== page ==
Last year, the Atlantic 10 Tournament was not even close to a do-or-die situation for the GW women’s basketball team.
The Colonial women boasted an impressive 23-4 record and were assured of an NCAA Tournament berth no matter how they fared in the conference tourney. They were just playing for a good seed in the national tournament.
This year’s Colonial women, though, are anything but a lock for the NCAAs. At 18-8 overall and 12-4 in the conference, the Colonial women might need the automatic bid that comes with the A-10 Championship in order to make it to the big dance.
If GW doesn’t win the A-10 Tournament, which began Tuesday, it could find itself atop an unsteady bubble with a number of other teams hoping for an at-large bid into the NCAA Tournament.
GW head coach Joe McKeown said he likes his team’s odds no matter how it fares in the conference tournament, though.
“We have a great shot (of making the NCAAs) regardless of how we do in the next few games,” McKeown said. “Our tradition in the tournament will certainly help us – we have always played very well in the NCAAs. If you’re on the bubble, they look at that.”
GW’s trip to the “Elite Eight” last year likely will be in the back of this year’s committee’s mind when it determines the 64 teams that will fill out the NCAA Tournament field. More than just GW’s performance in past years, McKeown said he feels his team has put together the kind of season that warrants an at-large bid.
The Colonial women have played well on the road this season, winning games at Georgetown University, UCLA and Princeton University. GW also has performed well down the stretch, winning 10 of its last 12 games.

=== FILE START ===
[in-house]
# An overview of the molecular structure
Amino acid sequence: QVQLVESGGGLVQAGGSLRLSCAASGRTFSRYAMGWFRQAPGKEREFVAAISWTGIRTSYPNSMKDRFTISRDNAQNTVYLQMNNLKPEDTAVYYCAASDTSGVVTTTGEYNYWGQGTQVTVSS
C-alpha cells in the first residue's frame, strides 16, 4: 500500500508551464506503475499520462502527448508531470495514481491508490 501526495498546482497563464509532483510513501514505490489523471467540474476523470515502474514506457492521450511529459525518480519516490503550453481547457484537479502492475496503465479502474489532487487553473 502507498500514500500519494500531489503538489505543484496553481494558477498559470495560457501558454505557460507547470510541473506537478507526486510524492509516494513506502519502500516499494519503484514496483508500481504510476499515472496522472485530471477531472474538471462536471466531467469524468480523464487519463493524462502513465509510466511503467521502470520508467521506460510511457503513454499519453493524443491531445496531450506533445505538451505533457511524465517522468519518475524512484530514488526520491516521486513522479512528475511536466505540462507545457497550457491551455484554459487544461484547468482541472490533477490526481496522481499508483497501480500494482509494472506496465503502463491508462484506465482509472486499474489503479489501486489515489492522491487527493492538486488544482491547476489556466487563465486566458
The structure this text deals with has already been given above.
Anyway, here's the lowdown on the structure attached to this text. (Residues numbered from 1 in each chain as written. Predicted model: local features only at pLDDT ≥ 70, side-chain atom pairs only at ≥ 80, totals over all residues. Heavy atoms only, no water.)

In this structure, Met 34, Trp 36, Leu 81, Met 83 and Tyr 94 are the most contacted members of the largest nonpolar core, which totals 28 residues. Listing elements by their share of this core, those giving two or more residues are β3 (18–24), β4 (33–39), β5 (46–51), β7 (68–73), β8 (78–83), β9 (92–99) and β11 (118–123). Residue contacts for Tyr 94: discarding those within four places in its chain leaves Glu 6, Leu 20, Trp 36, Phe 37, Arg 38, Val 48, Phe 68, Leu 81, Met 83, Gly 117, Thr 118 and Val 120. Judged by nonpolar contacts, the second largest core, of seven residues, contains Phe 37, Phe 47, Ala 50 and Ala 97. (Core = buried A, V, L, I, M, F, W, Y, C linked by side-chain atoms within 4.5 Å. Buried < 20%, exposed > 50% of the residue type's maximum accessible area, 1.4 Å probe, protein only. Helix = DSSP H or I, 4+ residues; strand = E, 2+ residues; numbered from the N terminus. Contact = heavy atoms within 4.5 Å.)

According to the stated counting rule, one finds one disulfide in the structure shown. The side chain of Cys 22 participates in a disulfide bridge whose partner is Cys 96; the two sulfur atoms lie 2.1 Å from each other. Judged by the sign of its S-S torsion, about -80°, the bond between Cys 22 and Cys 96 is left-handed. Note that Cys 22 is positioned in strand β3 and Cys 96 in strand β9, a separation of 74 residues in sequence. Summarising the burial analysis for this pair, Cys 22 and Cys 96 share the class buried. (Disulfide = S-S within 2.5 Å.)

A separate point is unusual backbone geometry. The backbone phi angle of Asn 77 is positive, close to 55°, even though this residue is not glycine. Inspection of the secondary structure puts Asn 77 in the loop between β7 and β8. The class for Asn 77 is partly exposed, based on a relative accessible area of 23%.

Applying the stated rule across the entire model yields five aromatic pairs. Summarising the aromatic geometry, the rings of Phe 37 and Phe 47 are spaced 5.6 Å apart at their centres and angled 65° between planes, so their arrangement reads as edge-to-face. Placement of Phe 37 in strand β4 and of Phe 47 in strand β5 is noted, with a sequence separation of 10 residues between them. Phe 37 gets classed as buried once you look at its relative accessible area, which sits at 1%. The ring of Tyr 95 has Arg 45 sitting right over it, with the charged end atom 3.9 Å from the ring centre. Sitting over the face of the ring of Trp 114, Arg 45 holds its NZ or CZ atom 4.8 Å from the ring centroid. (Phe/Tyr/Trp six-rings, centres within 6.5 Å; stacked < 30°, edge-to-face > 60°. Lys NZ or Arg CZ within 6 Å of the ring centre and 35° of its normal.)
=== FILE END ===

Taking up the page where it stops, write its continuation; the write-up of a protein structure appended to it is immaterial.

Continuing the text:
“We should end up with 19 or 20 wins, and we don’t really have any bad losses,” McKeown said of his team, which lost to quality ranked teams such as North Carolina State University and Western Kentucky University. “Obviously we don’t want to leave it up to the selection committee, though.”
GW begins the A-10 Tournament Thursday at 7 p.m. at the Smith Center when it faces off with La Salle (15-12, 9-8 A-10), a team GW has beaten twice this season. The Colonial women earned a lopsided 76-47 victory over the Explorers at home and beat La Salle by 14 points on the road, but McKeown said he feels the two games were much closer than results might have indicated.
“We played very well in second half of both games,” McKeown said. “They were both pretty good games for 30 minutes. La Salle is very young, but they can match up with us inside and have talented guards.”
If the Colonial women win Thursday night, they will move into the semifinals against St. Joseph’s or Virginia Tech. GW handled St. Joe’s (18-10, 10-6 A-10) 57-47 at the Smith Center earlier this season, while the Lady Hokies (18-9, 12-5 A-10) beat GW in two games in January.
Just as uncertain is the site of the A-10 semifinals, which will not be determined until after Thursday’s quarterfinal games. Massachusetts, the first seed out of the East Division, will host the semifinal and final games if it wins Thursday by virtue of its 68-55 victory over GW Feb. 19. GW, the A-10 regular season champion and the first seed out of the conference’s West Division, will host the tourney only if UMass loses to Duquesne Thursday.
“The idea that we aren’t going to host the tournament is a little bizarre,” said McKeown, who said he feels his team, by virtue of winning the regular season title, should host. “We’ll just have to go play up there (at UMass) if we have to, and there’s no sense in belaboring the point. Obviously we’ll have no problem getting up for either team in the semifinals.”
While Virginia Tech was one of the few teams to sweep a season series with GW in the 1990s, St. Joe’s beat the Colonial women for the A-10 title last season.
The key to GW’s success in the tournament will not only depend on the team’s two leading scorers, junior forward Noelia Gomez (17.8 points per game) and sophomore Elisa Aguilar (16.4 ppg), McKeown said. GW’s supporting cast will have to step up as well.
“We have to get a lot of production from other players, like (Mandisa) Turner, (Chasity) Myers and (Marlo) Egleston,” McKeown said. “When they play well and score some points, that’s when we start putting people away.”